A major absence: Labour market policy

The global financial and economic crisis of 2008-2009 should have provided the Bank with ample reasons to revisit some of the past policies it has promoted in the area of labour market policy.  However one sees little evidence of that in the Concept Note.  Although the Note is intended to form the base of a new World Bank strategy for social protection and labour, one finds not even a mention of the major themes that have affected the world of work in recent years, and to which other institutions have given much attention.  The topics absent from the SP&L Concept Note include:

• The rapid rise of the number of unemployed and underemployed in the global economy since 2007
• The steady decline of labour’s share in national income in most countries in recent decades, explaining a large part of rising income inequality
• The failure of wages to keep up with productivity increases in many countries, thus contributing to highly unstable global imbalances in analyses published by organizations ranging from the ILO to the IMF (see for example IMF Working Paper, “Inequality, Leverage and Crises”, November 2010)
• The unequal bargaining power between workers and enterprises that often lead to inequitable outcomes for workers, as earlier World Bank reports have underlined (see for example, World Bank, World Development Report 2006: Equity and Development, p. 186: “Unlike the markets for many commodities, labor markets generally not competitive… This can lead to unfair and inefficient outcomes when the bargaining position of the workers is weak”)
• The constant attacks on workers’ rights, contributing to the undermining of workers’ living standards and the declining labour share in national income
• The need for adequate labour market regulations, including but not limited to the core labour standards, to protect workers’ rights and interests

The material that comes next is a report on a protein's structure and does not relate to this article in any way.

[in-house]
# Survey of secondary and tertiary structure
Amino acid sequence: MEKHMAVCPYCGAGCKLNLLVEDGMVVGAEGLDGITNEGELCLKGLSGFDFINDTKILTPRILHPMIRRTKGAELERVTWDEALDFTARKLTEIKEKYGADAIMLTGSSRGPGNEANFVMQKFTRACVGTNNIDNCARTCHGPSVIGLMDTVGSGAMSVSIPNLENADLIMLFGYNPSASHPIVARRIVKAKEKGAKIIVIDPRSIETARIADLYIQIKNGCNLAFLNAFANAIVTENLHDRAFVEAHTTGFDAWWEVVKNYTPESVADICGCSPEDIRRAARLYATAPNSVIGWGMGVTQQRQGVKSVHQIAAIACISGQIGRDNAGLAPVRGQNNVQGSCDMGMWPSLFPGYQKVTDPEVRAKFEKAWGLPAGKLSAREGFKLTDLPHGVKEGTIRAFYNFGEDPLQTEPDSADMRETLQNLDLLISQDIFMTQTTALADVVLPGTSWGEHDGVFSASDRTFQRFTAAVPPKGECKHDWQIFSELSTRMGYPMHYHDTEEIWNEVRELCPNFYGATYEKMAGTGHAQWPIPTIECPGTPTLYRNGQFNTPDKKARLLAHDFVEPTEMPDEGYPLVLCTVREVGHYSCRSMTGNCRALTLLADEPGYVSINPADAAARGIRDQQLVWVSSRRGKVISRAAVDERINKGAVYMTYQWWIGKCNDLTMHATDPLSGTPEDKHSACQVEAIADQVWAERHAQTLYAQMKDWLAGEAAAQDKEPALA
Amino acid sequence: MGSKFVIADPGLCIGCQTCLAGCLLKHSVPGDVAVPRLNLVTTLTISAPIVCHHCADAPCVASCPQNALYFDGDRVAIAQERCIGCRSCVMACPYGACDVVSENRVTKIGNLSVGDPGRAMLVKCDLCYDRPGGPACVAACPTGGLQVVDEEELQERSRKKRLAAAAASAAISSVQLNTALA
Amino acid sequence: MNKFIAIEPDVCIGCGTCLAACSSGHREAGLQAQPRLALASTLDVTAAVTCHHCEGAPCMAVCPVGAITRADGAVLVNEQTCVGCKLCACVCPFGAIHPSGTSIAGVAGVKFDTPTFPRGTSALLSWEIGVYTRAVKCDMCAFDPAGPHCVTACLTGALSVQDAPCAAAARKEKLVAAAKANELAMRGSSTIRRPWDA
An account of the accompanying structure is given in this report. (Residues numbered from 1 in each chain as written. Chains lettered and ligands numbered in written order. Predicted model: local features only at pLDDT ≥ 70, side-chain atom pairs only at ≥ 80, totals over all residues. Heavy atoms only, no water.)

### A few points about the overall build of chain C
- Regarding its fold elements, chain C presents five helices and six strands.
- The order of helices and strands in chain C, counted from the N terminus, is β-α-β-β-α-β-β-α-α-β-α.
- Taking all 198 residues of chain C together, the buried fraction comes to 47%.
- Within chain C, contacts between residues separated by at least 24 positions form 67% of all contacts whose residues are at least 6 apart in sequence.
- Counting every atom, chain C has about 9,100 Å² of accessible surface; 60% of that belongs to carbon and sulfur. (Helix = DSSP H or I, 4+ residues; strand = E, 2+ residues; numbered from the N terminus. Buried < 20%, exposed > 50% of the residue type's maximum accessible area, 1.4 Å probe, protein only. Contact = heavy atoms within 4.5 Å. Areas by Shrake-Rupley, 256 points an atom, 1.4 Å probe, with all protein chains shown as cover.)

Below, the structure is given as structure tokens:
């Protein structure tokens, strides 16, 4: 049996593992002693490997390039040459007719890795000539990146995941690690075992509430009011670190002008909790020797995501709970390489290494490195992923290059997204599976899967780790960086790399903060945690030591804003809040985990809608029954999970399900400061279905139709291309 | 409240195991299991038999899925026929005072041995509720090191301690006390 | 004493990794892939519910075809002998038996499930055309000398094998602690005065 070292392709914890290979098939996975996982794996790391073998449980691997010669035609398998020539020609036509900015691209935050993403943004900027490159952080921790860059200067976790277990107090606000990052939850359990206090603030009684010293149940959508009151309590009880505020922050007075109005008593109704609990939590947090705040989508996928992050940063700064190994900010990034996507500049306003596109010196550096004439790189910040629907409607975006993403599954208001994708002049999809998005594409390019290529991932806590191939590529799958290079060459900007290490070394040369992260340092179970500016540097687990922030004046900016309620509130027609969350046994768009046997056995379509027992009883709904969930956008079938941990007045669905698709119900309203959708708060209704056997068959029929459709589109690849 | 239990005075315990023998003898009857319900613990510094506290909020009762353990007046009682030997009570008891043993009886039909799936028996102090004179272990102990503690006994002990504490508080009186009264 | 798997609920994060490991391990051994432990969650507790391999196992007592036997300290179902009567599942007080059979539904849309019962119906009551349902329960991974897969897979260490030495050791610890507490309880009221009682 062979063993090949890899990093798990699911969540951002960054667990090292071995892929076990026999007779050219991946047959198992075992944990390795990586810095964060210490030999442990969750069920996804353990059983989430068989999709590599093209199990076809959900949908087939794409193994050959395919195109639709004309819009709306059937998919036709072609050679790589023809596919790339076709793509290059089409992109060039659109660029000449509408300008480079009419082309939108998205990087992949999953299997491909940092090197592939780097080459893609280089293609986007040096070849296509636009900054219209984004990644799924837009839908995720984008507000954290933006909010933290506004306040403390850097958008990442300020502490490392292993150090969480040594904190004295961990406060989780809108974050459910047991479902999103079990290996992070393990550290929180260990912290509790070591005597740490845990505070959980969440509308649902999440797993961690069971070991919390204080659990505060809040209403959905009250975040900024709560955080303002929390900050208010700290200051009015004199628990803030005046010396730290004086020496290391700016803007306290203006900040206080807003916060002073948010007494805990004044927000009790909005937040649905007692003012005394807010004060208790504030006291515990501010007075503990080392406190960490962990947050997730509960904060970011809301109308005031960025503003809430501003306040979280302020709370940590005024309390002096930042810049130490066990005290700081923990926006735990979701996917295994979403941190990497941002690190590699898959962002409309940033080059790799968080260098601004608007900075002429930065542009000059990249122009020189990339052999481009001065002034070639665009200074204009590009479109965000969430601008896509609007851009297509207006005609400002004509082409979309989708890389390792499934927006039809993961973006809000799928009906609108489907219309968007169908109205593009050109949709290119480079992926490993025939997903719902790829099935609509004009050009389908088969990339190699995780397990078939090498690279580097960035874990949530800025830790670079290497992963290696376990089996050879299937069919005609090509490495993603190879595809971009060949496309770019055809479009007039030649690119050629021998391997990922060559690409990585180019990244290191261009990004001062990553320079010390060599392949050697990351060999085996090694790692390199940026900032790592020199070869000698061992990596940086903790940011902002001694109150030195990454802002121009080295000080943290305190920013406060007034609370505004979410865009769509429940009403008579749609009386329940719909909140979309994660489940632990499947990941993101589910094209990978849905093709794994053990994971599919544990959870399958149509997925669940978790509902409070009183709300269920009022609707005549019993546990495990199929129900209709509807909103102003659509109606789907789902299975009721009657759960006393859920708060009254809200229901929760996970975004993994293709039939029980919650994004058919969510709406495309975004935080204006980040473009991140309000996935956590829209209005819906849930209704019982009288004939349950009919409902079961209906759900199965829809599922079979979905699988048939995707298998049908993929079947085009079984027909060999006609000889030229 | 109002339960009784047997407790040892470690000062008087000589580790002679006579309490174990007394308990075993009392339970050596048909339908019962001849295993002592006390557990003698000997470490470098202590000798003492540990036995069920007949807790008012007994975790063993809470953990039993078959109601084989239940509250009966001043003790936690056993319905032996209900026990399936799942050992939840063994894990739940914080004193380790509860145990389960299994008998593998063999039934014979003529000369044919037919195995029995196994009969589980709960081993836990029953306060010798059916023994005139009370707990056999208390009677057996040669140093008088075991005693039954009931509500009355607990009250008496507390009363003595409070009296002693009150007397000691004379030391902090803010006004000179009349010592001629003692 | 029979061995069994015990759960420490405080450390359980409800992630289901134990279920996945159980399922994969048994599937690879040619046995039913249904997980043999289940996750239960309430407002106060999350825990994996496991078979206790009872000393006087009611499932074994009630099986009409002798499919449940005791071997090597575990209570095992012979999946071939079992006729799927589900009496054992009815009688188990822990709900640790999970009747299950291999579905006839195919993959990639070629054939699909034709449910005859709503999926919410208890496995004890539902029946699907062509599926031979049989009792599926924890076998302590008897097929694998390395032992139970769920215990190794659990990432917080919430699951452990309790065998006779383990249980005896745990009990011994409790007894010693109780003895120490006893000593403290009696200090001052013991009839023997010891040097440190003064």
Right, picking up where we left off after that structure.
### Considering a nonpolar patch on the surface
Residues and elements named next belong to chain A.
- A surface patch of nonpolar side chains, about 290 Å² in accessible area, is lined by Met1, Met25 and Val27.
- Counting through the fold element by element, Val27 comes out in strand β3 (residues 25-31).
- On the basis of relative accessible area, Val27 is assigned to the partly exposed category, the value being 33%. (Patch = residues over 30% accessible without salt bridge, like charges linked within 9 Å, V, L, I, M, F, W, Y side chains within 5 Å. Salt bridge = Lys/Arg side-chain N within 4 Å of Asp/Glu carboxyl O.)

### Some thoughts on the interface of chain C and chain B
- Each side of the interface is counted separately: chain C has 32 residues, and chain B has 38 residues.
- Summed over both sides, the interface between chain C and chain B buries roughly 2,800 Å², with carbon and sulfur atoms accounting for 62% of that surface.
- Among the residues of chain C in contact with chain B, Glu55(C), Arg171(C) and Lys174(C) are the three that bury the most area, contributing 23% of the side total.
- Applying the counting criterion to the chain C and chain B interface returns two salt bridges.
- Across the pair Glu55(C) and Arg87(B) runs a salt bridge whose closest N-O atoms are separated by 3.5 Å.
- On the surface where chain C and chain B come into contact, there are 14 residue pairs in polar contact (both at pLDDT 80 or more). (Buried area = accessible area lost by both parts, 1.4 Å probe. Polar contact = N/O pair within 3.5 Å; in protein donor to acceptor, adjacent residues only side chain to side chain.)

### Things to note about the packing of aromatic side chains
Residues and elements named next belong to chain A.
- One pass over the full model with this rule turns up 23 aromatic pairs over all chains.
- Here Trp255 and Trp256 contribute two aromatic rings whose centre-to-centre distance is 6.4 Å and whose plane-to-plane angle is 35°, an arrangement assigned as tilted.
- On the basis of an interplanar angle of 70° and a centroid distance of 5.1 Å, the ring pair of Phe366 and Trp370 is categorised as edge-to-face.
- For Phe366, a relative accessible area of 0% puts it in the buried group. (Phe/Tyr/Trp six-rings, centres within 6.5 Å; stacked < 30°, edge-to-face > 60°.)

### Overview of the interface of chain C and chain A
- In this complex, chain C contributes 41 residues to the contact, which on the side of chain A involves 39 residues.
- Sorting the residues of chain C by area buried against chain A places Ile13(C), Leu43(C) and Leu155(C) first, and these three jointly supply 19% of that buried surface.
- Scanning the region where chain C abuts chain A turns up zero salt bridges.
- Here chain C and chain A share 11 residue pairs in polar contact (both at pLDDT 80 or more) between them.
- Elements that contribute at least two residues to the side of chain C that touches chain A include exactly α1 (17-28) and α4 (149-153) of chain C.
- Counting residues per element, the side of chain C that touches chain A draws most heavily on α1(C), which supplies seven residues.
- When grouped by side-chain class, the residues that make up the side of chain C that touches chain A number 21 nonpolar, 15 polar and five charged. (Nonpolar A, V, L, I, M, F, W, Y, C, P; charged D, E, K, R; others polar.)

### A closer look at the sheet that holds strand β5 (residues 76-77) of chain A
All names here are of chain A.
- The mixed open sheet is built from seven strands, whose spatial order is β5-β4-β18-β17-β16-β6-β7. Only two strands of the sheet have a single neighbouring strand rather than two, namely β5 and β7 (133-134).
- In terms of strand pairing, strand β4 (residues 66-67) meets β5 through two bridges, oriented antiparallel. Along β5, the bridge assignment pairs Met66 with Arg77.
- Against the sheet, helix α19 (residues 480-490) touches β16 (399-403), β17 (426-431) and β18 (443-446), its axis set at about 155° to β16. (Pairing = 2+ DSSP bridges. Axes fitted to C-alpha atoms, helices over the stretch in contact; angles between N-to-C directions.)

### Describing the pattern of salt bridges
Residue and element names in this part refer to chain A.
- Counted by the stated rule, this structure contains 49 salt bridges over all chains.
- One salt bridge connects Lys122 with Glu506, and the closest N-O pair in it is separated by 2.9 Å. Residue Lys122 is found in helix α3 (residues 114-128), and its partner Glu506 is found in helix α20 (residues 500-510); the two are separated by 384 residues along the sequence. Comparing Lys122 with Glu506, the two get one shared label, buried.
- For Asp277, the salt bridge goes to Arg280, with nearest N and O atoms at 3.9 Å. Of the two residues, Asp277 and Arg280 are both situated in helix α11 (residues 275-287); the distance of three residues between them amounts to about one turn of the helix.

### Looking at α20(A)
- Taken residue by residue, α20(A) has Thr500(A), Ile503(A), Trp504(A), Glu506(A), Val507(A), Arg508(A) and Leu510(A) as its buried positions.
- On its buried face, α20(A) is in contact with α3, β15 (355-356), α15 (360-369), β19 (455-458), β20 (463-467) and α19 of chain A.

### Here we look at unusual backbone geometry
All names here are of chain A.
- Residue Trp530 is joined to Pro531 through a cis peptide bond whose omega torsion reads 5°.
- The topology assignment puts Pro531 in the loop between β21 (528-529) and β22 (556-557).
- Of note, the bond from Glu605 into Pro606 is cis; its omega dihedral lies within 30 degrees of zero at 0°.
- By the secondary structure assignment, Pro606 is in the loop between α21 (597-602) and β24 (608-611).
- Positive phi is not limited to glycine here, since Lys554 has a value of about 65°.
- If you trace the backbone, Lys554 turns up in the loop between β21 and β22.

• An explanation of how the Bank intends to interact with the ILO, which is the lead international organization for standard-setting and policy in the areas of labour and social protection

Need for a more balanced World Bank approach to labour regulations

The adoption of a new social protection and labour strategy should be the occasion for the Bank to develop a more balanced approach than the most prominent perspective it defended until 2009, which was that all labour regulations are bad for business and that countries should therefore be encouraged to reduce them.  This was the theme developed by the labour section of the Bank’s highest-circulation publication, Doing Business (DB).  The “Paying Taxes” section promoted the idea that countries should be encouraged to require no social or tax contribution from business.  Between 2004 and 2009, the DB labour indicators were the keystones of the Bank’s approach to labour market issues.  They were used in scores of World Bank country-level reports to recommend the reduction of workers’ protection regulations, and incorporated into the Bank’s overall framework for determining low-income countries level of access to concessionary funds, called the Country Policy and Institutional Assessment (CPIA).

In light of the impact of the global economic crisis and its impact on workers and social protection around the world, the Bank decided in 2009 to suspend the DB “Employing Workers Indicator” (EWI) and to engage in a revision of both it and the “Paying Taxes Indicator” with the help of an external Consultative Group.  After announcing the suspension of the EWI, the Bank issued a “Guidance Note for Bank Staff on the Use of the Doing Business Employing Workers Indicator for Policy Advice” (October 2009).  The note explained that the decision to suspend the EWI and create a Consultative Group was based on recognition of “the importance of regulatory approaches that … guard against the shifting of risk from firms to workers and low-income families”.  It also stated: “Particularly in current times, a comprehensive approach in advice on labor market policies is needed.”